8. If you have taken these steps, your next decision is whether to discipline the employee. If so, you need to clearly document your reasons for making the decision to discipline the employee. You must include in that documentation the impacts on the workplace as specifically as you can. Explain the nature of co-worker complaints, the disruption to the workplace and any risks of co-worker's claims (bullying or harassment).
  9. In any disciplinary decision for just cause employees or at will employees, clearly document the reasons for your decision. Be thorough, just as you would if you were taking the decision straight to court or arbitration for review. Don't hold back for fear of triggering a strong response by the employee. Adding to your reasons later will undermine the strength and credibility of your decision making process. In some cases, added reasons may be excluded from consideration in a subsequent hearing. If you're reasons are well supported, non-discriminatory and non-retaliatory, you should have no difficulty in laying out those reasons clearly and in writing. Have an attorney look this over to make sure you are not relying on protected characteristics or conduct. The attorney can also evaluate whether just cause, progressive discipline or due process is established, when applicable.

Not all these steps are necessary if the problem employee does not have a union contract or the procedural protections prior to discipline that union or Civil Service protections provide. However, for employees who serve at the will of the employer, it makes sense to go through the check list set any way. If challenged, jurors or other fact finders may place this standard of "fairness" and clear communications on the employer when asked to evaluate a potential claim.

By going through the same check list, you can better assess whether management has effectively communicated expectations to the problem employee. This is a critical step for management, who, in the example described above, had been silent in making the employee aware of management's expectations. Managers should use a performance plan as a tool to place a time frame on re-evaluating the employee's progress. This prevents the employer from delaying the process too long and having the performance expectations evaporate. If no progress occurs, be clear about the outcome. If termination from employment is the likely outcome, state this clearly to the problem employee.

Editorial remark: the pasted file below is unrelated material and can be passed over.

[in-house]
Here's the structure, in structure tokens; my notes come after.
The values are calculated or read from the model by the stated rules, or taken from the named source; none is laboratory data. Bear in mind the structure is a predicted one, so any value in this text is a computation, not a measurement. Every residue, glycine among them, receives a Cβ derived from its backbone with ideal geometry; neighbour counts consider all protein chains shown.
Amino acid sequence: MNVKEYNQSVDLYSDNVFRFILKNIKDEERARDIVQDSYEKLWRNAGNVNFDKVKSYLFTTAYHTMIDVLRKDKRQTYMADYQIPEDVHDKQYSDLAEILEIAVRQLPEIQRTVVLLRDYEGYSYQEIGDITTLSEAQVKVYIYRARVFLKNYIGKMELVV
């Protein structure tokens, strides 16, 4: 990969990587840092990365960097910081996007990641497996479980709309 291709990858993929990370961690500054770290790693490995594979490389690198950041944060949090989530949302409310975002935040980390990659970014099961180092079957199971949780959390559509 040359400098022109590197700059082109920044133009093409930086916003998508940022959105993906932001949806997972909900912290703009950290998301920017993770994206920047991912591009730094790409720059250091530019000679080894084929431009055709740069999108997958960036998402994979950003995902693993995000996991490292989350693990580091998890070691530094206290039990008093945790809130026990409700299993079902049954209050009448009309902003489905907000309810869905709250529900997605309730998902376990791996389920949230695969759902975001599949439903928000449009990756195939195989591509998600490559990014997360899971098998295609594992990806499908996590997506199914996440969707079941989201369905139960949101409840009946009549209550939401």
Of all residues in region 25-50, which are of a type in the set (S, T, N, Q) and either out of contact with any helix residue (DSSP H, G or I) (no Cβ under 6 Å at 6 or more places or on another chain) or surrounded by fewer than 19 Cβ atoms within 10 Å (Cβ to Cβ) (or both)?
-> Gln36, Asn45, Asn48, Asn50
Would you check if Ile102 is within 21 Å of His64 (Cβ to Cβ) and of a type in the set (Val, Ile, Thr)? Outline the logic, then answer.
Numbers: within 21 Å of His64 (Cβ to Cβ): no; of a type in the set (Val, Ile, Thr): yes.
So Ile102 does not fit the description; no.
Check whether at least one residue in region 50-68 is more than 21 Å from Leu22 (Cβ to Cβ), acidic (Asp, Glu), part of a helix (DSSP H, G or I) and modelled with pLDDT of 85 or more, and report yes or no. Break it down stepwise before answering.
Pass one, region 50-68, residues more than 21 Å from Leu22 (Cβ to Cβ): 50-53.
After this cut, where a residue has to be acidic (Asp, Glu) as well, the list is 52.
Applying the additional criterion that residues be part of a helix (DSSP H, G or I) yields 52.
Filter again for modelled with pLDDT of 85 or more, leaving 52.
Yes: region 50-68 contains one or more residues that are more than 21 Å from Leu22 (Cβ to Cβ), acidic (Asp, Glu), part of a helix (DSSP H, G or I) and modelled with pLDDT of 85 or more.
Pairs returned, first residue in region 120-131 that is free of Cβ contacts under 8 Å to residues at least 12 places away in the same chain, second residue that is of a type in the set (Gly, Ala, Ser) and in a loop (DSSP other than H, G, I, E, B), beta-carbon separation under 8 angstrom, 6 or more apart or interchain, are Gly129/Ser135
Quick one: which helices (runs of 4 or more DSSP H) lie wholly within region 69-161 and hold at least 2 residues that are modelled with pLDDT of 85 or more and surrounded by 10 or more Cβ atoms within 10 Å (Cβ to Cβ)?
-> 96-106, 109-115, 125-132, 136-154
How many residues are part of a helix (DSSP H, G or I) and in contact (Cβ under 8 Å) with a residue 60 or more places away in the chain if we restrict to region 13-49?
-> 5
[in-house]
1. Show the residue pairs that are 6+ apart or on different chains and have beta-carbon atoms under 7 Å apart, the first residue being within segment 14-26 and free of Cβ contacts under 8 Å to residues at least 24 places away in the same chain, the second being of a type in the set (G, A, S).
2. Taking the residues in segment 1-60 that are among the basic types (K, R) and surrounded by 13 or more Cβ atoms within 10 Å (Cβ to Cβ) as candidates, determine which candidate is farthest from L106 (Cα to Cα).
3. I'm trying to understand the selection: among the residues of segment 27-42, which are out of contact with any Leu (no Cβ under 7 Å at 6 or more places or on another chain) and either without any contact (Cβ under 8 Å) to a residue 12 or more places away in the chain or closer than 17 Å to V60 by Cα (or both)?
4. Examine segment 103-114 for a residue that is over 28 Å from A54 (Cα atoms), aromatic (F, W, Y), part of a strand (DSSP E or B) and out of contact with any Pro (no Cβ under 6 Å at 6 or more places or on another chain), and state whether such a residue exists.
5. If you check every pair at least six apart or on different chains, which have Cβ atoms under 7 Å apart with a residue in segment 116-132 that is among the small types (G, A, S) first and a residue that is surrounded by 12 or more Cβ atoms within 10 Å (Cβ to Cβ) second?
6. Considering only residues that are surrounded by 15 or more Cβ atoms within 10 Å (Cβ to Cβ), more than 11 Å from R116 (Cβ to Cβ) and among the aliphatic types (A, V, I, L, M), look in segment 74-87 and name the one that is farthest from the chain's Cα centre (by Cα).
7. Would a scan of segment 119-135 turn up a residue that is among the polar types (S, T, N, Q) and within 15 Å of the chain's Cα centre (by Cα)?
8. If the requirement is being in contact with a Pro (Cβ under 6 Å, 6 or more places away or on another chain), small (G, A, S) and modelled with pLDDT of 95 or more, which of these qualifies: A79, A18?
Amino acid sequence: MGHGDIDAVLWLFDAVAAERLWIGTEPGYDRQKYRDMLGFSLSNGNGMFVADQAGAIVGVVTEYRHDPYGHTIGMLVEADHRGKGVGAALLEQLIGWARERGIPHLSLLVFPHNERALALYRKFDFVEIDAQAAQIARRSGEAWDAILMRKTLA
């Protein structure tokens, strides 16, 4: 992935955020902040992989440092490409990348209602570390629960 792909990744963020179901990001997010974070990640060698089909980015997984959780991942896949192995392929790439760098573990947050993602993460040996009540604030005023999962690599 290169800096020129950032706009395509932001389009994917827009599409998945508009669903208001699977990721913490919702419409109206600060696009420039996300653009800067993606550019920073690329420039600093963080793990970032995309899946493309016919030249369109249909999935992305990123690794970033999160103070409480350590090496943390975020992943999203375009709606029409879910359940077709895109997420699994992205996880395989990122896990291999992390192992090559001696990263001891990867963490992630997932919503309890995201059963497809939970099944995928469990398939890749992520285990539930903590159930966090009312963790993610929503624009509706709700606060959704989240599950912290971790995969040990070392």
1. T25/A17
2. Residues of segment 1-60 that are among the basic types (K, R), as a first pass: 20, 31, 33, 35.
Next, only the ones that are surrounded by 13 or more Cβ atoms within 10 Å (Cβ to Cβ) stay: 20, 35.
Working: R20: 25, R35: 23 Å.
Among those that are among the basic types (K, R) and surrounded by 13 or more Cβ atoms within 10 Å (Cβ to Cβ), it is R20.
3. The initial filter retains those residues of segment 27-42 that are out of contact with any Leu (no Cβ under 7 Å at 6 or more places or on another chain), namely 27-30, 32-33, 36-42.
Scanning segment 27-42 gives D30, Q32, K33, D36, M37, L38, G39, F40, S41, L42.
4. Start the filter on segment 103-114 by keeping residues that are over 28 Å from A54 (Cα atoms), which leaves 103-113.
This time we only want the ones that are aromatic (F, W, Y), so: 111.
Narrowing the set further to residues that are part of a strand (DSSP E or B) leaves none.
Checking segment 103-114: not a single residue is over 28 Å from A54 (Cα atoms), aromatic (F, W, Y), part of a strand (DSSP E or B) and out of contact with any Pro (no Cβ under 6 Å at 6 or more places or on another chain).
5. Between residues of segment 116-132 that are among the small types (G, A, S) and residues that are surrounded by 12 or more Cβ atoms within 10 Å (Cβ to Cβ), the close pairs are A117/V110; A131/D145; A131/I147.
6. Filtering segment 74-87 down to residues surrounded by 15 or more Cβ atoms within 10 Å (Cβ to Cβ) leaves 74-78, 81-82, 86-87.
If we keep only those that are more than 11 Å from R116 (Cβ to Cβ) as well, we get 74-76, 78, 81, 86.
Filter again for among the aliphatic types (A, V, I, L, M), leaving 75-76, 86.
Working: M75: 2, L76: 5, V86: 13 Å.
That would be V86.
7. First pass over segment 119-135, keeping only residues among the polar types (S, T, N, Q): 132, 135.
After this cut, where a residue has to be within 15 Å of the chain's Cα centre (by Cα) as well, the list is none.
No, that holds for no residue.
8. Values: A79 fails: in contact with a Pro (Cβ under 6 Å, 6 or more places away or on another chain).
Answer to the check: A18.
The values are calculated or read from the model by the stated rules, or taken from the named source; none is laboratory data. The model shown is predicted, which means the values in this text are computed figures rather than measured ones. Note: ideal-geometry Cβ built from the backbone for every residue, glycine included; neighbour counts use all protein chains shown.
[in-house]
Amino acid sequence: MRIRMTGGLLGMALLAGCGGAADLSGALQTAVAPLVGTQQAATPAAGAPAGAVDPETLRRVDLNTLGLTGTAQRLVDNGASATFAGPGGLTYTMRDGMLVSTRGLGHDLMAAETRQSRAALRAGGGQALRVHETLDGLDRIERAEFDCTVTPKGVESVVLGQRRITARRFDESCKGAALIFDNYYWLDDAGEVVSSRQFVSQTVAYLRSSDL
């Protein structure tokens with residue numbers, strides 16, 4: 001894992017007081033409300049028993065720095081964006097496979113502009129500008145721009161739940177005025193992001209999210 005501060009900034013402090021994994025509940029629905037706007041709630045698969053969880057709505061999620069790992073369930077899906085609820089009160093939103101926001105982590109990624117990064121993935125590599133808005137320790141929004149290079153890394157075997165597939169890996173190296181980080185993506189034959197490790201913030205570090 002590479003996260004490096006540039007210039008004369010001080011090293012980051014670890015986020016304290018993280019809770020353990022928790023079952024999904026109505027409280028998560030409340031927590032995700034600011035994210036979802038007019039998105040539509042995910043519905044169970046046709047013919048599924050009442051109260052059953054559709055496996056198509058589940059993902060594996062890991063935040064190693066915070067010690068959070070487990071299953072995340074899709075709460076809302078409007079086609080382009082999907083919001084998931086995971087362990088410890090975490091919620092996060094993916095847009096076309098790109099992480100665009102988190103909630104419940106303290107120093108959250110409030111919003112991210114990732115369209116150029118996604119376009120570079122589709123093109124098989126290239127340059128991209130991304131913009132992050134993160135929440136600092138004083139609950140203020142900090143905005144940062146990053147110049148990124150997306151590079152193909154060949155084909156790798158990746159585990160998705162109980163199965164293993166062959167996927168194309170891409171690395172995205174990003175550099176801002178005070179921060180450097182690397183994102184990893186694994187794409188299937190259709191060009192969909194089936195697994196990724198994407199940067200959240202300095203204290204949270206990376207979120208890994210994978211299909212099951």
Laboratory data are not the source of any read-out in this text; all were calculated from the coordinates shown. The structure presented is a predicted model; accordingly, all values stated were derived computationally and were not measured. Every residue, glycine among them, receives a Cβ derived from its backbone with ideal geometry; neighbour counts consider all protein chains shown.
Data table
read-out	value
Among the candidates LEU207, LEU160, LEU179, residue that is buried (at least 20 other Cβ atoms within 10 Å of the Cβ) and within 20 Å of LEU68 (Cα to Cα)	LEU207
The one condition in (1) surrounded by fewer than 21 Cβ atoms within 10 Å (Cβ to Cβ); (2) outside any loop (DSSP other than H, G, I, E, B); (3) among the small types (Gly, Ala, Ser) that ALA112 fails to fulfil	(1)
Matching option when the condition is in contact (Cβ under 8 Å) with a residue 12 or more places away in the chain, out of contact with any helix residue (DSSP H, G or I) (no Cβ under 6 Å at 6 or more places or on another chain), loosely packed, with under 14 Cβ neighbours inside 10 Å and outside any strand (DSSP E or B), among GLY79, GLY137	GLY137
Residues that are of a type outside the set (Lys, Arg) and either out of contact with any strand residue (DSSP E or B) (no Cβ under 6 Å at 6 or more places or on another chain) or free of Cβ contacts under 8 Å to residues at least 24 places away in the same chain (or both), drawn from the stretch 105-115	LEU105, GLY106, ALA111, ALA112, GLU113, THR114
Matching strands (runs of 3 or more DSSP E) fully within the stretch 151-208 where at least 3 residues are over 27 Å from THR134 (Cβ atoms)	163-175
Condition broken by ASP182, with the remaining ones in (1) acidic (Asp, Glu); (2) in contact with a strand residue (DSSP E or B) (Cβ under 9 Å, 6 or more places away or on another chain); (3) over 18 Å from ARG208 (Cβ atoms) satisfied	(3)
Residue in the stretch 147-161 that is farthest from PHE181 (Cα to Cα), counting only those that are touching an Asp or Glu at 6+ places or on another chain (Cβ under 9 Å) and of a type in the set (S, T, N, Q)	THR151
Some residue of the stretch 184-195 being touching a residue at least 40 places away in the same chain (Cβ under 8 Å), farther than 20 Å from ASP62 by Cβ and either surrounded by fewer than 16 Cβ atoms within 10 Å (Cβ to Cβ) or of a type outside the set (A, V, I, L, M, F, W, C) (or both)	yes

A disruptive or problematic employee costs management a disproportionate amount of time to manage. Their conduct may trigger other employees to quit. Continued disruptive conduct that intimidates or targets other employees may increase the risk of discrimination or harassment claims overall. Tolerance of a problem employee's conduct makes other employees feel management should be held accountable in some way.

Being pro-active and taking steps to protect the morale and productivity for all employees will limit the chances that one employee's disruptive conduct will detrimentally impact the entire workplace. Don't wait for the problem employee to engage in egregious forms of behavior before taking action. By that time, the workplace is already compromised. Your strongest employees may have concluded management is not concerned about their welfare, and decide to quit or shut down, leaving a deep hole in employee morale and large hurdle for effective workplace relationships.

© 2011 Arbitration, Investigation & Mediation Services, PLLC. All rights reserved.